Whirlpool and Defy merged entity to spend 50% on local suppliers

Workers at the Defy refrigerator manufacturing plant in East London wire a fridge. File picture

Workers at the Defy refrigerator manufacturing plant in East London wire a fridge. File picture

Published Jan 23, 2024


The merged entity between major domestic appliance manufacturers Beko Europe and Whirlpool Corporation has committed to supporting local suppliers by spending up to 50% of its procurement bill with local providers of raw materials and other inputs.

In South Africa, Beko supplies non-branded major domestic appliances to private label suppliers and other manufacturers. Whirlpool, on the other hand, supplies Whirlpool-branded home appliances to the South African market.

Marsha Govender, who is director for the commission for legal and compliance at Defy, said yesterday that the merged entity would boost local procurement from 30% to 50%.

“We can confirm the 30% commitment and how we intend to draw that up to the 50% mark. And we can attribute our end value to that,” said Govender.

However, the two companies could not provide details about their current spend in South Africa, responding to Competition Commission queries that “due to the nature of the relevant markets and investment projects which they require, that require know-how and skills” they could not “commit to a specific percentage for now” on local spend.

Nonetheless, the merged entity, which will continue to manufacturer and distribute Defy and other brands, “will aim to support” local suppliers “where possible, and report back on these investments” in its annual report.

Jerome Wilson, a legal representative for the merging entities, told the hearing that after the deal, “the manufacturing of those products now will be under the control” of the group in Europe although there would be no “changes in respect of price positioning” in South Africa.

Citing analysis from the Competition Commission of South Africa, Wilson said “Defy and the Whirlpool brands are positioned differently from a pricing perspective” in South Africa. Defy was more “prominently positioned in the lower price segments (with) Whirlpool in the higher price” segments.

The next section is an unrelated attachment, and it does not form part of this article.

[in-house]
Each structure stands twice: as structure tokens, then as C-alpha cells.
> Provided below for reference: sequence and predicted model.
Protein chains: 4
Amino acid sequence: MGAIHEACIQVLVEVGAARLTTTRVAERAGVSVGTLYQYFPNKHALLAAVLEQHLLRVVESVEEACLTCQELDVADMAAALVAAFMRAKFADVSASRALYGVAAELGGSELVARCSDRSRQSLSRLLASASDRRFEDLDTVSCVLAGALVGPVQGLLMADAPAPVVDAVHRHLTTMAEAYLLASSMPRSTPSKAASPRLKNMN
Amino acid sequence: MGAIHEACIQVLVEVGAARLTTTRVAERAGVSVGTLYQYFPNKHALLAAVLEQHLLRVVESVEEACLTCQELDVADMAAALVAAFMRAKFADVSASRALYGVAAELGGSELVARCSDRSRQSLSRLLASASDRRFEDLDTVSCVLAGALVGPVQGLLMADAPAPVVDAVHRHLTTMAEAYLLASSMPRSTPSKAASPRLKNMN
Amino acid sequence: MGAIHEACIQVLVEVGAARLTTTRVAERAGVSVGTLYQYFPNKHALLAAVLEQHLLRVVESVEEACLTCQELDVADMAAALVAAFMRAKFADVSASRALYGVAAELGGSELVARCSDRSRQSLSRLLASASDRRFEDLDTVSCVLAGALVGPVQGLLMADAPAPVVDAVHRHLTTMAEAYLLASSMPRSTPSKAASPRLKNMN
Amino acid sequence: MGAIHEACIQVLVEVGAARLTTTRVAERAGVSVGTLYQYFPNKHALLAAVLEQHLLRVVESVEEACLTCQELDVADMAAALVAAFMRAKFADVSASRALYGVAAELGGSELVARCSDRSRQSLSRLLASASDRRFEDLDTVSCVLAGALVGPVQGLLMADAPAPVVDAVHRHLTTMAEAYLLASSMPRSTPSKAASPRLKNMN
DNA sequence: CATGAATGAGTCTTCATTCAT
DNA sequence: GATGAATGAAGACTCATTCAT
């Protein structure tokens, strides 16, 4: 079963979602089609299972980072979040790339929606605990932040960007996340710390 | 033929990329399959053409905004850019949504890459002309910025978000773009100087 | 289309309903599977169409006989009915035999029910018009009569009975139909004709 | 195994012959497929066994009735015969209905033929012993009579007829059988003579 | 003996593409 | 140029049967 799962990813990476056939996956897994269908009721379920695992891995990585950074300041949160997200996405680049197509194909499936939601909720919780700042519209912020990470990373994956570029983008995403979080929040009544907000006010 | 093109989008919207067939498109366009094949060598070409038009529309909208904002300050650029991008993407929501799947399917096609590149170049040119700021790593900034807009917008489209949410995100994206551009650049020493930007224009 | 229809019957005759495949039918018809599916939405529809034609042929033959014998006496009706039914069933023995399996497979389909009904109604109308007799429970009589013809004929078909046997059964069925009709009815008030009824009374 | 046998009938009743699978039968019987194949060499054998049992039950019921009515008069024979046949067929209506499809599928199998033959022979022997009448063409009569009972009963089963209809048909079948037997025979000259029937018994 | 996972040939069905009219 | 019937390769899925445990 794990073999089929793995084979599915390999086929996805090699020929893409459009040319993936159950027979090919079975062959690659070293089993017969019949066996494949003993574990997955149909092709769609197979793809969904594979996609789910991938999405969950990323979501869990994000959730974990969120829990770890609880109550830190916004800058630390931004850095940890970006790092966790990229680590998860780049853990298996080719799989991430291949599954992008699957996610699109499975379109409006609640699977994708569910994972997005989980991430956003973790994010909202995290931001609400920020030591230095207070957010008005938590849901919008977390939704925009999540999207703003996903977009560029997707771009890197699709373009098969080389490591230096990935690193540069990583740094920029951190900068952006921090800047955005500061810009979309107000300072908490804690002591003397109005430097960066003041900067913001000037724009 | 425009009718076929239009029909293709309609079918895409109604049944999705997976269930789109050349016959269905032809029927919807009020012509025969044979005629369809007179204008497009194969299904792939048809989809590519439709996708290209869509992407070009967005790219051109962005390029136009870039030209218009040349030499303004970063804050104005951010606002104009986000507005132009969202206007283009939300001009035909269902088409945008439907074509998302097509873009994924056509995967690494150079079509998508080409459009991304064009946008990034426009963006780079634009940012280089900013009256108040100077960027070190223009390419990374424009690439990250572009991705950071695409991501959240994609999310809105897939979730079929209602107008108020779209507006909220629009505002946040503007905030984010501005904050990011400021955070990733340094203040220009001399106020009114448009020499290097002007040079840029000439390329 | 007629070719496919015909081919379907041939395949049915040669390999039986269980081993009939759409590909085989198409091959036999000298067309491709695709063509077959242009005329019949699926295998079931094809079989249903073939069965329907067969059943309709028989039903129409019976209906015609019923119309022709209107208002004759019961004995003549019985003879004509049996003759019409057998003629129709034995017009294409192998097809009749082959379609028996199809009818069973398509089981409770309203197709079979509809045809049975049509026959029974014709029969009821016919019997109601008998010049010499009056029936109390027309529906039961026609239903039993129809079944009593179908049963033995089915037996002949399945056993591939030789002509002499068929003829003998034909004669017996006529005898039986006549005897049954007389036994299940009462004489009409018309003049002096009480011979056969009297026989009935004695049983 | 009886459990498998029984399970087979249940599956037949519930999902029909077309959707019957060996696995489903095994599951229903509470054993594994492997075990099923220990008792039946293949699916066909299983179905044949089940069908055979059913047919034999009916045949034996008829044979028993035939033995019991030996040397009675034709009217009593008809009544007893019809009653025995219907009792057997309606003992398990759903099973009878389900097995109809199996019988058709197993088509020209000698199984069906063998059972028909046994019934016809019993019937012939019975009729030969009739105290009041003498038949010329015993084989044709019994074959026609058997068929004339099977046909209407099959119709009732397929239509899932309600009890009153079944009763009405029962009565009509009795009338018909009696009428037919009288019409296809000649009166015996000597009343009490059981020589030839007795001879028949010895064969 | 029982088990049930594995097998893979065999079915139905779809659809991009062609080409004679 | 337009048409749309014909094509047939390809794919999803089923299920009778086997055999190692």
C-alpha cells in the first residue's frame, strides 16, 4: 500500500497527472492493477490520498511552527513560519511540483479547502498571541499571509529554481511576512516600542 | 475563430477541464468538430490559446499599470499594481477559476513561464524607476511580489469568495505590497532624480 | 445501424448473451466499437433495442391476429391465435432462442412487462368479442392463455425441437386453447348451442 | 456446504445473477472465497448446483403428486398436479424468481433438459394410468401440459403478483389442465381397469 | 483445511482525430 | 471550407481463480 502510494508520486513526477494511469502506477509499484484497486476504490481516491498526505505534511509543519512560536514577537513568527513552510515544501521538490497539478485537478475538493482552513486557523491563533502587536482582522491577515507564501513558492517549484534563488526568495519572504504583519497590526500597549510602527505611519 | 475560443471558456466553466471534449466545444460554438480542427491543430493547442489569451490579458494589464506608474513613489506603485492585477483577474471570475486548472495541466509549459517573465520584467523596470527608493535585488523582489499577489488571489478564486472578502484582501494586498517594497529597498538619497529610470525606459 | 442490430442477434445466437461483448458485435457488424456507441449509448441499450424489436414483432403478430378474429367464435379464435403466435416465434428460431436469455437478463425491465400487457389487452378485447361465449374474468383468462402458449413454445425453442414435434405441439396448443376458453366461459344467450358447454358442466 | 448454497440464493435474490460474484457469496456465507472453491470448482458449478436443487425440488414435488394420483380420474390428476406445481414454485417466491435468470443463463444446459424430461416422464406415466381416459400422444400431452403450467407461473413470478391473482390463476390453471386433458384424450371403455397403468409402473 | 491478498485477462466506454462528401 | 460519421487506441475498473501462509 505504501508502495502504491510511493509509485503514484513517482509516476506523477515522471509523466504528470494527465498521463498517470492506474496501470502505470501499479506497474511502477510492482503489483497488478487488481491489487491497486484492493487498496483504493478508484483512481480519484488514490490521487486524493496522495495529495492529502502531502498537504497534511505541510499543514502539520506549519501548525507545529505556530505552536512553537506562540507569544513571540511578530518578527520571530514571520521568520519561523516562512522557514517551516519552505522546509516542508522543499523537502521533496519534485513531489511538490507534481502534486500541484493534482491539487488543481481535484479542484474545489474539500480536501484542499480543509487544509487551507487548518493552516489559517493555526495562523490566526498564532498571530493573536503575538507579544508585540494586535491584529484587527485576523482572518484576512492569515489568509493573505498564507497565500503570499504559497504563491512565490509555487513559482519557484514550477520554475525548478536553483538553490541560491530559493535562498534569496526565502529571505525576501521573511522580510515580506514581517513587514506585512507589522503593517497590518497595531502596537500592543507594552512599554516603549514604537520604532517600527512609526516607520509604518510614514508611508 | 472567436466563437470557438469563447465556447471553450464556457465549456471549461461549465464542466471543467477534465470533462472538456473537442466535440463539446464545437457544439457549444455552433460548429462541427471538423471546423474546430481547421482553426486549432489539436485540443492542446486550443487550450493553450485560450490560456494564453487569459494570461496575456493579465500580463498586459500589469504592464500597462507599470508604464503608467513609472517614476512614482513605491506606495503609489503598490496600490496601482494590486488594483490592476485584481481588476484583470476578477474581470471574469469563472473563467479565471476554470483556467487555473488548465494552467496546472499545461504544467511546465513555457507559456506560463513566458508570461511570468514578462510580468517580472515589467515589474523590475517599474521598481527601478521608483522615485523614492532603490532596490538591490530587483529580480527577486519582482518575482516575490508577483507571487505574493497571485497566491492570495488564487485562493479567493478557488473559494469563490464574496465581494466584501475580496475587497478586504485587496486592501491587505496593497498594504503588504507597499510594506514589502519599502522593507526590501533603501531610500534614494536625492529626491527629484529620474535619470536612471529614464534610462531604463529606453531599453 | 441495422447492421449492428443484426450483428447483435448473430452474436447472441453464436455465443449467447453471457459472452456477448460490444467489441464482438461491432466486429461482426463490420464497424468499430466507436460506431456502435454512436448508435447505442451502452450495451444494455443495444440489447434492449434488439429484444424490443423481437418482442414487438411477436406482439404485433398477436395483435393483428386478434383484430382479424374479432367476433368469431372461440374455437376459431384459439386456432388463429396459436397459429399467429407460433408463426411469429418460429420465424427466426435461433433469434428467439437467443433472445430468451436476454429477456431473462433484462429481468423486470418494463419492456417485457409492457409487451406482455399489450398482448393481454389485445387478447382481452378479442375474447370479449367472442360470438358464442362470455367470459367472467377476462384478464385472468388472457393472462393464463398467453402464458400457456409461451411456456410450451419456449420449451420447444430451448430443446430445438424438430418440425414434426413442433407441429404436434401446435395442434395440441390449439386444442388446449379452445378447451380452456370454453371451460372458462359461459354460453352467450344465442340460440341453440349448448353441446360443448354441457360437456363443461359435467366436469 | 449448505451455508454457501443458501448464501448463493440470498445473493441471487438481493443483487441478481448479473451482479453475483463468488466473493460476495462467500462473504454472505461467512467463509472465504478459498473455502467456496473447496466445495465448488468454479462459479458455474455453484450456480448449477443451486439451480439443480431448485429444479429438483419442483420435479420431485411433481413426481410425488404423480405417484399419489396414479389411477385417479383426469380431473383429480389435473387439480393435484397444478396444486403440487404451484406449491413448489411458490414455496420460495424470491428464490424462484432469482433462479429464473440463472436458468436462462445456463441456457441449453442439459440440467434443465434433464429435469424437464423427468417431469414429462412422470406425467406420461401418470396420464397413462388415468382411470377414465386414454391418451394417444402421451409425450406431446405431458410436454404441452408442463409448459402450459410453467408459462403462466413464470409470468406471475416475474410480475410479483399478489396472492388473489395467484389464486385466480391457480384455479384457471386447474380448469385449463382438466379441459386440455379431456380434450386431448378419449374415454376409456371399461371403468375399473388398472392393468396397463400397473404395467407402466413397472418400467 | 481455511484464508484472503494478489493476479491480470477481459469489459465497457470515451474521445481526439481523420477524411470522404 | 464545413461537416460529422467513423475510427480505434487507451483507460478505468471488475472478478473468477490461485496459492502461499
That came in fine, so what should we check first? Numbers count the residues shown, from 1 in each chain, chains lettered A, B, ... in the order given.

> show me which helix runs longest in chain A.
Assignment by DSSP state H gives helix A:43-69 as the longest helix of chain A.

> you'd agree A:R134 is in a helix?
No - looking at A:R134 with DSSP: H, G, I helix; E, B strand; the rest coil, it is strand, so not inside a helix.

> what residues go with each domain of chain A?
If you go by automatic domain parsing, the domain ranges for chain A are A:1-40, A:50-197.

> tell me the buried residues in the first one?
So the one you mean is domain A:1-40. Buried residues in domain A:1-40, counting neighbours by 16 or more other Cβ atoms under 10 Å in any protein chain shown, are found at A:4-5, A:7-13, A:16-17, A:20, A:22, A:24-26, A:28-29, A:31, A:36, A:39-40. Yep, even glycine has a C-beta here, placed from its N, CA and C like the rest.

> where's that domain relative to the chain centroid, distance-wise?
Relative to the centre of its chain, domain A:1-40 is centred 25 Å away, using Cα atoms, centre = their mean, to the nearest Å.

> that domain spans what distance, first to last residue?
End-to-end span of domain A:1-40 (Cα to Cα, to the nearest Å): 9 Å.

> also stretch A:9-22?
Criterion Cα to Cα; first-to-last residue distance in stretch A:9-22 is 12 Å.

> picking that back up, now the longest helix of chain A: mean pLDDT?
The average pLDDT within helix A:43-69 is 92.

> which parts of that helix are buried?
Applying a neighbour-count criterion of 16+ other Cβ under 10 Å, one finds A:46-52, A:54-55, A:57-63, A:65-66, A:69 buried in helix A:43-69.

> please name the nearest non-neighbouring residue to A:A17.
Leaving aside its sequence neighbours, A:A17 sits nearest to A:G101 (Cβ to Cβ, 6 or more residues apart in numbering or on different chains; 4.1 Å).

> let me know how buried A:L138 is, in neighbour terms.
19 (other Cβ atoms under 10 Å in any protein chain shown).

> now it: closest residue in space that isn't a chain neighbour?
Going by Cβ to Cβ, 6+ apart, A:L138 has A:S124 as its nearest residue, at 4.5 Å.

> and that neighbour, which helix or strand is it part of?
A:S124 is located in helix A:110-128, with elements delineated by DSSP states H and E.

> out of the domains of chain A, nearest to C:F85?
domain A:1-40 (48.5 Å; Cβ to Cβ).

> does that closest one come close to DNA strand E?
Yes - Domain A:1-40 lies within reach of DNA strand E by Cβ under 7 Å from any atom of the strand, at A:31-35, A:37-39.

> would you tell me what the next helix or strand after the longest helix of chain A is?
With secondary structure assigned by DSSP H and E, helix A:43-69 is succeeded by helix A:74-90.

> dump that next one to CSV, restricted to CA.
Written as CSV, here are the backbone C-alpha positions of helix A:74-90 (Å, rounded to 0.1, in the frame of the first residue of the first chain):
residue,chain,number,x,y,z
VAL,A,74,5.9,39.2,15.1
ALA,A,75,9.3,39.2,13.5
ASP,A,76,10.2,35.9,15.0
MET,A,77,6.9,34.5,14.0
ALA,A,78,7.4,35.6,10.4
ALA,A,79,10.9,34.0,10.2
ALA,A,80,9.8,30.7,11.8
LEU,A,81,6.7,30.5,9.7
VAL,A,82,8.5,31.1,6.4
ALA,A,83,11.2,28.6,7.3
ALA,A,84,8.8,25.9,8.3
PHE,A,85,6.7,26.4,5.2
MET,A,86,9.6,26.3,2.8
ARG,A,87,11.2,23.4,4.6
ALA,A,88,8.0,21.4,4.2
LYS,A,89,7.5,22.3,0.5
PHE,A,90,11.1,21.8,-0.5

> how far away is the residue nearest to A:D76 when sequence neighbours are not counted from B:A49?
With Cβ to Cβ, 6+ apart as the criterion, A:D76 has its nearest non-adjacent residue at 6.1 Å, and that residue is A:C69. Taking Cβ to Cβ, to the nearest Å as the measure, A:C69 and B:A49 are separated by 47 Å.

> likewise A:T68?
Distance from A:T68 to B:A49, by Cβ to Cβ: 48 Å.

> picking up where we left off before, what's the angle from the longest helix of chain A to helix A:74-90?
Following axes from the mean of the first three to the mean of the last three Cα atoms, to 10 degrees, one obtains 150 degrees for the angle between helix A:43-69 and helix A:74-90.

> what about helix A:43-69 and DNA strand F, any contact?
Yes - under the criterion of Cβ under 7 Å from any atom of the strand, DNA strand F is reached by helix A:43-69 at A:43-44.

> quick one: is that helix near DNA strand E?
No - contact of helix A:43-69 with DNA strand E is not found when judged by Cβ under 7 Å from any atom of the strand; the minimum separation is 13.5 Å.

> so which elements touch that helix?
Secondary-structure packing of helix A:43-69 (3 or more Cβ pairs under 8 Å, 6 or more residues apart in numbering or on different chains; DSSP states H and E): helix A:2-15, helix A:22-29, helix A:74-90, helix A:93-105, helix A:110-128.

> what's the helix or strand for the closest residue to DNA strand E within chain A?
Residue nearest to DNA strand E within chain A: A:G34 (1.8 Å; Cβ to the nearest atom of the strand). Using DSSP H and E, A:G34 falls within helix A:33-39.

The two brands also had a significant number of competitors in the particular segments, which means that “there was no hard segmentation” between the different price categories.

“If you have a significant number of competitors in the price points, the question is more one of emphasis and weight, and it is in that respect that there is a pricing closeness of competition difference between these two brands, and that’s why you have seen a number of the retailers indicating that this transaction does not cause any particular concern to them.”

The Competition Commission, which assesses proposed large mergers before referring such to the Tribunal for a final decision, has already recommended that the transaction be approved subject to public interest conditions.

One sticking issue was the positioning of products in large retail outlets, with the hearing seeking to understand if there would be no preferential treatment for one brand over the others.

However, given the large nature of the retailers used by the merged entity, the hearing was told that suppliers and retailers were mainly concerned about route to market and distribution advantages.

“Much of these retailers are large in nature. They are large retail chains and the suppliers obviously want some form of route to market, so some form of distribution, which is what this retail is about.”

Despite continuing to face economic challenges, higher interest rates that have resulted in elevated inflation and resultant suppressed consumer spend, South Africa’s home appliances market has “become an essential part of modern lifestyle”, analysts say.

“The South Africa home appliances market is expected to register a compounded annual growth rate of greater than 5% during the forecast period 2024 to 2029. On average, the South African household owns five appliances,” noted the latest research by Mordor Intelligence.

Population growth, technology infiltration and people’s improving lifestyle trends are some of the critical factors seen as driving purchase decisions of home appliances in the market.

Moreover, South Africa is deemed to have a low level of value and volume of home appliances, but it is expected to be one of the fastest-growing markets in the future. Issues related to energy and water utilisation by major appliances “remain apparent” in various categories of home appliances in South Africa.